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NTFS Reparse Points
One of the most interesting new capabilities added to NTFS version 5 with the release of Windows 2000 was the ability to create special file system functions and associate them with files or directories. This enables the functionality of the NTFS file system to be enhanced and extended dynamically. The feature is implemented using objects that are called reparse points.
The use of reparse points begins with applications. An application that wants to use the feature stores data specific to the application--which can be any sort of data at all--into a reparse point. The reparse point is tagged with an identifier specific to the application and stored with the file or directory. A special application-specific filter (a driver of sorts) is also associated with the reparse point tag type and made known to the file system. More than one application can store a reparse point with the same file or directory, each using a different tag. Microsoft themselves reserved several different tags for their own use.
Now, let's suppose that the user decides to access a file that has been tagged with a reparse point. When the file system goes to open the file, it notices the reparse point associated with the file. It then "reparses" the original request for the file, by finding the appropriate filter associated with the application that stored the reparse point, and passing the reparse point data to that filter. The filter can then use the data in the reparse point to do whatever is appropriate based on the reparse point functionality intended by the application. It is a very flexible system; how exactly the reparse point works is left up to the application. The really nice thing about reparse points is that they operate transparently to the user. You simply access the reparse point and the instructions are carried out automatically. This creates seamless extensions to file system functionality.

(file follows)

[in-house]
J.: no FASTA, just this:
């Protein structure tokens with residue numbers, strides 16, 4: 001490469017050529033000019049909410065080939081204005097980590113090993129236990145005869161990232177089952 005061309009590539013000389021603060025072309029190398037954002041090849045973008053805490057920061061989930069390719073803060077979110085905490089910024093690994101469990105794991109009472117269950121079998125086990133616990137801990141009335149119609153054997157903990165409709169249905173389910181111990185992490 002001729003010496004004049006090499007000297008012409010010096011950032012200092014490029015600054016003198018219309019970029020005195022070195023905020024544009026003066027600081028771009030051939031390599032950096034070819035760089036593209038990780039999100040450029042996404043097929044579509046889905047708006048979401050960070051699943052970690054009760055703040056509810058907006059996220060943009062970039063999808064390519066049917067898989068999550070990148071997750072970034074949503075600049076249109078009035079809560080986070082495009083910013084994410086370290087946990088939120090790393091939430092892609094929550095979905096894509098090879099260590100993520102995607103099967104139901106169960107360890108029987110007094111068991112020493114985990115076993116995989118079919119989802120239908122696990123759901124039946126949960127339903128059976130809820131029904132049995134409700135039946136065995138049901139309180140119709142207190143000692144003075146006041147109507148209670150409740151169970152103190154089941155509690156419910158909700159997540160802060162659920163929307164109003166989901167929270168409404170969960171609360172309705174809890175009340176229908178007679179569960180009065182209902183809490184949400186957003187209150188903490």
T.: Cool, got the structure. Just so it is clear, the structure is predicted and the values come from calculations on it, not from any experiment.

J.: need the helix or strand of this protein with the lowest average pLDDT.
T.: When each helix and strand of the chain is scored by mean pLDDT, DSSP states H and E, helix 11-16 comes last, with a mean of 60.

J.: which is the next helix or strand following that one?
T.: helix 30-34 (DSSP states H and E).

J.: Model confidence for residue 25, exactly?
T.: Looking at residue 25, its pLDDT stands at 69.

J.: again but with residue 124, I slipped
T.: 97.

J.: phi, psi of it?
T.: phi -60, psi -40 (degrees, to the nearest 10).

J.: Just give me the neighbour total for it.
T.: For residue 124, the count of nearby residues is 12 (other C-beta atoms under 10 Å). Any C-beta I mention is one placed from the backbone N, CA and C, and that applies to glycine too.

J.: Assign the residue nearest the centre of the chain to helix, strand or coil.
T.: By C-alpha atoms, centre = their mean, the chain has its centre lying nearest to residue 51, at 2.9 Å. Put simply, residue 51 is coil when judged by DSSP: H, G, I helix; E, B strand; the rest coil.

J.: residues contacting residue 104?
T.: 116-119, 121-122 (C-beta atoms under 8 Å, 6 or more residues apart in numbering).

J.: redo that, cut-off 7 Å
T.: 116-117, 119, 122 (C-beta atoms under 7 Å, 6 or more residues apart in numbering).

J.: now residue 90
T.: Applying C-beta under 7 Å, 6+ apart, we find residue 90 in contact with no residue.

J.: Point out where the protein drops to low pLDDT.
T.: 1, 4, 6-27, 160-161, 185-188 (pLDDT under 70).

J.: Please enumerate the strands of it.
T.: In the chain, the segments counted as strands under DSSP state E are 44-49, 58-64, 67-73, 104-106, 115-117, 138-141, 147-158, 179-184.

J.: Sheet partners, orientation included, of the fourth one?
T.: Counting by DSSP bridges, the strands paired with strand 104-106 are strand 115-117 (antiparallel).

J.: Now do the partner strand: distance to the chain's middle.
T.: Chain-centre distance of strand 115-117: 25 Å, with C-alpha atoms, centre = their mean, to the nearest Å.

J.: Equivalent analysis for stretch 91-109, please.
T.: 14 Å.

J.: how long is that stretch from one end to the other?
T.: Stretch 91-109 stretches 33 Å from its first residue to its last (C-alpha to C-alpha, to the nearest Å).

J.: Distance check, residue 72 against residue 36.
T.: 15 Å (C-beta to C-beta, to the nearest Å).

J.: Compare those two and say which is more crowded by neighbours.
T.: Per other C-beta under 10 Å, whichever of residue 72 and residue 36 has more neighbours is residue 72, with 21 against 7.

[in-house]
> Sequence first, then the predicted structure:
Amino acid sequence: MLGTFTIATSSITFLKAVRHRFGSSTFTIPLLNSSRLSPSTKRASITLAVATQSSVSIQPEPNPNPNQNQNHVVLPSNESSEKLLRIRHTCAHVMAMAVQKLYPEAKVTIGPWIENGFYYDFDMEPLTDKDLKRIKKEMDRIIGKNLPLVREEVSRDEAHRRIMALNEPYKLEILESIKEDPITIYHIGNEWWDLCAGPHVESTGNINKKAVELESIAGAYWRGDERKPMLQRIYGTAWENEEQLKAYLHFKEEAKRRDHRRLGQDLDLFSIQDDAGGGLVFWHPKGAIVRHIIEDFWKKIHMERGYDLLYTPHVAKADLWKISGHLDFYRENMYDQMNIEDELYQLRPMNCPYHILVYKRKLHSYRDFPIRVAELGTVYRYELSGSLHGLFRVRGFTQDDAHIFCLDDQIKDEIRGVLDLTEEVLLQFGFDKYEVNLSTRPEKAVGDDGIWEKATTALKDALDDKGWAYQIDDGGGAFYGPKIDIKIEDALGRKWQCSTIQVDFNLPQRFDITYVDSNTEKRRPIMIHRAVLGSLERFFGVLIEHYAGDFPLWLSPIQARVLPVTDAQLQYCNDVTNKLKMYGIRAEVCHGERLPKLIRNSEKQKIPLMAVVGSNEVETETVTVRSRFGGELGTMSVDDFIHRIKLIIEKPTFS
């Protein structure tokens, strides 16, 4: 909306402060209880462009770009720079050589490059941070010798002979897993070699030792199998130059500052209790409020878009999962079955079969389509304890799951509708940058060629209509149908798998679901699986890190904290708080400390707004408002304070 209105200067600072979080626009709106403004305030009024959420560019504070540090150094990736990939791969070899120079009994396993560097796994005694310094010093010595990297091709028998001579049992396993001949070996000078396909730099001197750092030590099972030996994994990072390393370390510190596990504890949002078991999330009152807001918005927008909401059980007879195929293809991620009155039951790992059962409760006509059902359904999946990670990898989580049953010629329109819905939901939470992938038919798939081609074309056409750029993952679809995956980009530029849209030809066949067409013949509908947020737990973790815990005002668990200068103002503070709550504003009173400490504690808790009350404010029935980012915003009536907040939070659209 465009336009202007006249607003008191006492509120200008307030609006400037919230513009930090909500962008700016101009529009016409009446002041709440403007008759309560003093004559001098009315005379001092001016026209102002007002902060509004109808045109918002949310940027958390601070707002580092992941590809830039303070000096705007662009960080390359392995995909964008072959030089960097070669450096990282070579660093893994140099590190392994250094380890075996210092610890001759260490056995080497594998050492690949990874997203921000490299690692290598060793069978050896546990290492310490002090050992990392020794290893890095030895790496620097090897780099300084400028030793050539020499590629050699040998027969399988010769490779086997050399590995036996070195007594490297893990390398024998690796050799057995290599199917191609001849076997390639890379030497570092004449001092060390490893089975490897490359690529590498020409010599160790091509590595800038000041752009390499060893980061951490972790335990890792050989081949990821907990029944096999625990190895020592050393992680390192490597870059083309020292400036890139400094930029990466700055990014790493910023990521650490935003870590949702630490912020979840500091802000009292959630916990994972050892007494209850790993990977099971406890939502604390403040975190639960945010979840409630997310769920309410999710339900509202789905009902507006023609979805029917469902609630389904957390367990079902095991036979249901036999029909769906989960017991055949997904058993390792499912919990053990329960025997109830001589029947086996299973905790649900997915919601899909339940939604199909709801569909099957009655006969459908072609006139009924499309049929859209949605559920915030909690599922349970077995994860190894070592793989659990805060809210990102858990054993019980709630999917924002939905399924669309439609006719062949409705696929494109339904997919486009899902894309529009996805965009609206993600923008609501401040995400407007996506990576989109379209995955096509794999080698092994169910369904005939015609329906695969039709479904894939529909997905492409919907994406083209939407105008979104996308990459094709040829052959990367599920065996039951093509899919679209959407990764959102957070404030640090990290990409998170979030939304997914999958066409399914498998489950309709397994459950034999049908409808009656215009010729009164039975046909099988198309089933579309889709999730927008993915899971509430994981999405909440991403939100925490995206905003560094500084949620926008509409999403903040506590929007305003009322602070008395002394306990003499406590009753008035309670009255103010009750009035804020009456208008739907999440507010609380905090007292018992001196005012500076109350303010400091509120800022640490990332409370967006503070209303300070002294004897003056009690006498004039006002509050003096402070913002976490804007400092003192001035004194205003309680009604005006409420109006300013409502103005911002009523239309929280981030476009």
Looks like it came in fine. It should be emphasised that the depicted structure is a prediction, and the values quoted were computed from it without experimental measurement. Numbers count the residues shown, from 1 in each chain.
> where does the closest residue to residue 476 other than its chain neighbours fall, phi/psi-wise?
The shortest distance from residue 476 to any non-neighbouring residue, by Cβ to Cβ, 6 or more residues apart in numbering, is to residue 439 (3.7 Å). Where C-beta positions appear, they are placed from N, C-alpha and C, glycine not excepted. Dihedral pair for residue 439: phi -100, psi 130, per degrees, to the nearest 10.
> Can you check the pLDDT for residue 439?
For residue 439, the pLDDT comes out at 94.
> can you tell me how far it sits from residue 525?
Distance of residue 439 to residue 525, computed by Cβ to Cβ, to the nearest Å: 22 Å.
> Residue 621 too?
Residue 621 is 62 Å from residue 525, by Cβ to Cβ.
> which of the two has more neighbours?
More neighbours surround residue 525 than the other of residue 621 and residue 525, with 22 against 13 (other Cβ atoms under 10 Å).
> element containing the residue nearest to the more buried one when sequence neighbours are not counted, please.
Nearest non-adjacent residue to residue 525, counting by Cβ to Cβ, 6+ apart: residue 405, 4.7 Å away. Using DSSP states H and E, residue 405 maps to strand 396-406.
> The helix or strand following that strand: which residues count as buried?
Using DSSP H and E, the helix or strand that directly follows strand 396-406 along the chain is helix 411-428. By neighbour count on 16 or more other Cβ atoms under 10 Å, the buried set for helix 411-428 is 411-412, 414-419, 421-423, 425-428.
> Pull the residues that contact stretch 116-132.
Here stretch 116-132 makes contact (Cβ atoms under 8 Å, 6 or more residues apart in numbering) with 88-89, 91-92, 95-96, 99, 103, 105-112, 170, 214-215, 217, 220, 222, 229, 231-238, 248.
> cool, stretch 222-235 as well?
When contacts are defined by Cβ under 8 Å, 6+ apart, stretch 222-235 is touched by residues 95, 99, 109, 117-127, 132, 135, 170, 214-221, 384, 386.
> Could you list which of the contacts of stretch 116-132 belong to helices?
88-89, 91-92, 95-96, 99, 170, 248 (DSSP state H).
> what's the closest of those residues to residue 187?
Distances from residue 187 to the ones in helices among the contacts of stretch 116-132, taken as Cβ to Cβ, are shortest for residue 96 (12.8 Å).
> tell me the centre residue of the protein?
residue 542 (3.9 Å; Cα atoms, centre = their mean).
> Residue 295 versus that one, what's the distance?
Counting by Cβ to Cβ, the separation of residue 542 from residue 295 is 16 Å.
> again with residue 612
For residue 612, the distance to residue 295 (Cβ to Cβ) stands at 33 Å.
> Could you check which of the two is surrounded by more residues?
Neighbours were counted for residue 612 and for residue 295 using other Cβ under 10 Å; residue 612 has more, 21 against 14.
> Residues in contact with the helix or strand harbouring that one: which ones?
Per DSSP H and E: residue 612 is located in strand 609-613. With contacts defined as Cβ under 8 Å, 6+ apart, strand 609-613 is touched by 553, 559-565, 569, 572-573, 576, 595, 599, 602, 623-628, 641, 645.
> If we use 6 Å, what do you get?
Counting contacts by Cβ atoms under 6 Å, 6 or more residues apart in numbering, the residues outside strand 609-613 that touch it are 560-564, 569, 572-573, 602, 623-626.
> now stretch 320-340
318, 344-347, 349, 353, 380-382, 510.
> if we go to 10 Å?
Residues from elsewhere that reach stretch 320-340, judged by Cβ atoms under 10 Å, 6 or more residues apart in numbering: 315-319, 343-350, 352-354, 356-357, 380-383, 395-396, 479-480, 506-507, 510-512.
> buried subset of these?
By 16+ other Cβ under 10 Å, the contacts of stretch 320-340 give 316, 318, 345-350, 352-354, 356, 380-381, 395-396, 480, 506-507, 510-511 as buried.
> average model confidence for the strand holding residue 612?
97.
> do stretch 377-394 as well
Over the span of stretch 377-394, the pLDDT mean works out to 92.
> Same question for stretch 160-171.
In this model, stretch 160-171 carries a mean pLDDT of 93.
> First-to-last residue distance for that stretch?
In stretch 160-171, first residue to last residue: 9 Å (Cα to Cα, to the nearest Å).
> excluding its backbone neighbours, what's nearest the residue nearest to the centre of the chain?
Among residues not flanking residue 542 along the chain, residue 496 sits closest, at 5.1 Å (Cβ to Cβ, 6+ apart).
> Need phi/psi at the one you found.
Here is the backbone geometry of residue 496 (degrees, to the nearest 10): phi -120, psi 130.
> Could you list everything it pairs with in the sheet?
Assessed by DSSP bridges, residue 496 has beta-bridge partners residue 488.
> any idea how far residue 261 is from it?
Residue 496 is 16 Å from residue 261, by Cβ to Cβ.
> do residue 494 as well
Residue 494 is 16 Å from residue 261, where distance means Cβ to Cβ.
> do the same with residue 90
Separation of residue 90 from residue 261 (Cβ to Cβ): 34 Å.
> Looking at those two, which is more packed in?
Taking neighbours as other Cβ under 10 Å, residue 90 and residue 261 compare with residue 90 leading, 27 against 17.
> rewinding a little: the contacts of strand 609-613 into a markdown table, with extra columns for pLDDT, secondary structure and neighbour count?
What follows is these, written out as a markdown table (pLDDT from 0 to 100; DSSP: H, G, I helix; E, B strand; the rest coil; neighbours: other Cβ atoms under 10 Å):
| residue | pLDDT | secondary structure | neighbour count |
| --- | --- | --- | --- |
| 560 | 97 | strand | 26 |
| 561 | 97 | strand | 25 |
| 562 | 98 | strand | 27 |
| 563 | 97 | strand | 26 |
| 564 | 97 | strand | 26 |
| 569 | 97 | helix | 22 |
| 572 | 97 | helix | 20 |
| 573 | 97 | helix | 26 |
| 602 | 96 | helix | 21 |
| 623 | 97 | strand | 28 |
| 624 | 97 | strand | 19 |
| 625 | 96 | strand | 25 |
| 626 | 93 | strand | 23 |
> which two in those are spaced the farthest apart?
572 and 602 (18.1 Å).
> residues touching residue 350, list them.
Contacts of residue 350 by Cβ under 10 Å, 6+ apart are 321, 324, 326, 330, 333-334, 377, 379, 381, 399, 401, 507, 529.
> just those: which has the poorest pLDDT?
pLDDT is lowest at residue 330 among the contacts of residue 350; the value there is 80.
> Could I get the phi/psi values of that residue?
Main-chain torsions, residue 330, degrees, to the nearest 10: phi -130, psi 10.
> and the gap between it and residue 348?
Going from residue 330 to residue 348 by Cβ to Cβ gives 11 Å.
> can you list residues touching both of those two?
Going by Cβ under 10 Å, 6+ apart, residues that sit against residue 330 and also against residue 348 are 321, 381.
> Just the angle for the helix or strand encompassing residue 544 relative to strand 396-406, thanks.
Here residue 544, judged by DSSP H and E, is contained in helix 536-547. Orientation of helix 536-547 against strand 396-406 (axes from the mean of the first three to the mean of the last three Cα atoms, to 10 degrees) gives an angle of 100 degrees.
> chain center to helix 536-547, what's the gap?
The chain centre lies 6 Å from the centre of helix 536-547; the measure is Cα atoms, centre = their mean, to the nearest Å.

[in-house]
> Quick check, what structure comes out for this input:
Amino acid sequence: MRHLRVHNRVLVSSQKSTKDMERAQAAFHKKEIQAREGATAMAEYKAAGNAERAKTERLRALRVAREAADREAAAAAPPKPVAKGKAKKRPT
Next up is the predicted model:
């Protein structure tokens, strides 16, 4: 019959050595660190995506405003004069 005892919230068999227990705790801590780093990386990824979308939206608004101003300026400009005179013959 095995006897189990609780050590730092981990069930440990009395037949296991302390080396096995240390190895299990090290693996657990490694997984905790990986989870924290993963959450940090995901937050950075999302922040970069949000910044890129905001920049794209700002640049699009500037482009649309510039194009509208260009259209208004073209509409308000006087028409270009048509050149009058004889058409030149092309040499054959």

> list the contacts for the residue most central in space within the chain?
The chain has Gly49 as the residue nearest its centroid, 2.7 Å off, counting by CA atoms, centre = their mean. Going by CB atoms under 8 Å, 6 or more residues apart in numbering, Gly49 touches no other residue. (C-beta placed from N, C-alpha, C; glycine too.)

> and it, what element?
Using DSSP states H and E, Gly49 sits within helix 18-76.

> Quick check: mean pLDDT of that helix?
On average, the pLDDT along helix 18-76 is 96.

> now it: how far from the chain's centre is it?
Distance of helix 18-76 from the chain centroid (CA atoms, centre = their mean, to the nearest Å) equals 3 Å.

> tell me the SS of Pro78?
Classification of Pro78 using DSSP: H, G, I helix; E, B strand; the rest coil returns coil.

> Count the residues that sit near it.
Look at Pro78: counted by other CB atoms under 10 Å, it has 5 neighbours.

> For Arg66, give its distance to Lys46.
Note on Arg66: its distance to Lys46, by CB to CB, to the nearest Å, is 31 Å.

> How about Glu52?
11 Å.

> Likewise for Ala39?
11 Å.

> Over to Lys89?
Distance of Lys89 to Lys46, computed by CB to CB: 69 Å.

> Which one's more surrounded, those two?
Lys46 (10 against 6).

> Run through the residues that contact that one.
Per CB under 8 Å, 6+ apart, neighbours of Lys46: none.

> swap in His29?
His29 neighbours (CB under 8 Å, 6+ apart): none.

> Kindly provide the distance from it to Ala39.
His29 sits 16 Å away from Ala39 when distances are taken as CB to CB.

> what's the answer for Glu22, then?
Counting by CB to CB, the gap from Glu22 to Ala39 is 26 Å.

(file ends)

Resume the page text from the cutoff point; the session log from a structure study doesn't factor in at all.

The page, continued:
In addition to allowing reparse points to implement many types of custom capabilities, Microsoft itself uses them to implement several features within Windows 2000 itself, including the following:
These are just a few examples of how reparse points can be used. As you can see, the functionality is very flexible. Reparse points are a nice addition to NTFS: they allow the capabilities of the file system to be enhanced without requiring any changes to the file system itself.